Federal and State officials should not accept the insurance industry’s word.

It is unacceptable.    

The opinions expressed in the blog “Repairing The Healthcare System” are, mine and mine alone

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The Obamacare Alternative That Would Work!

Stanley Feld M.D.,FACP,MACE

Some have complained that "My Ideal Medical Savings Account" cannot work. I have communicated with some of these people who made this and similar comments. I discovered two common themes to their comments.

The first theme was that people are too dumb to take care of themselves and make their own medical decisions.

The government must make the healthcare decisions for them.

The second was people would not handle their healthcare dollars appropriately if they were given the money.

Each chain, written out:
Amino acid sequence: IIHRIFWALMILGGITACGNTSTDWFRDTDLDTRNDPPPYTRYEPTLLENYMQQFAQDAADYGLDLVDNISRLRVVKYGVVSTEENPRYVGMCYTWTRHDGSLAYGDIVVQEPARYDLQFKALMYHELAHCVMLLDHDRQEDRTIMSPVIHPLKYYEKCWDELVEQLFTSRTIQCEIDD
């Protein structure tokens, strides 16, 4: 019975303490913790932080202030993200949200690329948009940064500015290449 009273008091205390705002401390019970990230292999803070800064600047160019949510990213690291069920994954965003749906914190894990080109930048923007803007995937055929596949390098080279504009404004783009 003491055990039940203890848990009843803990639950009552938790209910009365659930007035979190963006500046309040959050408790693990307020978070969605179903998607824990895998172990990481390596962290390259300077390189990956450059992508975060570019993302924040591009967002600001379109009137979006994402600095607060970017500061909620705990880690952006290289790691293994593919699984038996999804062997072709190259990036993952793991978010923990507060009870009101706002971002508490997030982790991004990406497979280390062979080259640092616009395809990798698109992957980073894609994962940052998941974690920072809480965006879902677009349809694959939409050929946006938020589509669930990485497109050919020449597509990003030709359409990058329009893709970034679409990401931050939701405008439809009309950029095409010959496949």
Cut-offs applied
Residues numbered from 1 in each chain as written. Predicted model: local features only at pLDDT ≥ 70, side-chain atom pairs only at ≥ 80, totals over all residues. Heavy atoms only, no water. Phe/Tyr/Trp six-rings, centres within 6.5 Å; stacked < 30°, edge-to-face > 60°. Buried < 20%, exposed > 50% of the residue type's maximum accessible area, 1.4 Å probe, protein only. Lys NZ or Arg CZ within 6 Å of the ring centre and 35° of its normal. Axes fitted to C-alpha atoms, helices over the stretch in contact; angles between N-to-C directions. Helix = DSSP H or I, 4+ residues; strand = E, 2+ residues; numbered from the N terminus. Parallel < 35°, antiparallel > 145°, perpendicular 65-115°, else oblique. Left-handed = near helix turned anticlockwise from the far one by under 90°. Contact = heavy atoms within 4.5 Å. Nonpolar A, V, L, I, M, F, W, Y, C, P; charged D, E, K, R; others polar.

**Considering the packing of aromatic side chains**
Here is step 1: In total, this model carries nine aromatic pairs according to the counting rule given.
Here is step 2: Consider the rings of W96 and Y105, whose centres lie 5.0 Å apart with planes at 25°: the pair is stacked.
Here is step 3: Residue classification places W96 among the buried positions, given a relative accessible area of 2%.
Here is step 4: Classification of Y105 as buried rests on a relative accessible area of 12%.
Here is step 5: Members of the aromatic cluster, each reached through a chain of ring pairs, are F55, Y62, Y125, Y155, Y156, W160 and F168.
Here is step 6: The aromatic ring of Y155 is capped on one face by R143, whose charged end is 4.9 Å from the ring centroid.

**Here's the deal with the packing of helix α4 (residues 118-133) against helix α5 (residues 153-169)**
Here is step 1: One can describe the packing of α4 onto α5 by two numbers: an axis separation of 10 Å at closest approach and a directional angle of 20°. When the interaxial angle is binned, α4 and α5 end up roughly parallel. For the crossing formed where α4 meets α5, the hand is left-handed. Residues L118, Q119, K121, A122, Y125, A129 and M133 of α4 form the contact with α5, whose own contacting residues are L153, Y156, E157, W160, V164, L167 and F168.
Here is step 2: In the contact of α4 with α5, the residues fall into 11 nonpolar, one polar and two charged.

These people might be talking about 5% per of the population who will be a burden to society no matter what healthcare system is put into place.

Why burden the other 95% of the population who want to be responsible for their health and healthcare dollars if they were given the chance?

The chance given has to include complete transparency, equal tax treatment, and adequate education to use their healthcare dollars wisely to made wise medical care decisions.

The week Tammy Bruce wrote an article in the Washington Times entitled, “Obamacare Isn’t A Train Wreck, It’s A Cancer.”

She explains how it is metastasizing throughout our economy and culture. It will destroy our society.

It is clear me that people commenting did not read my blog “My Ideal Medical Savings Account Is Democratic” carefully.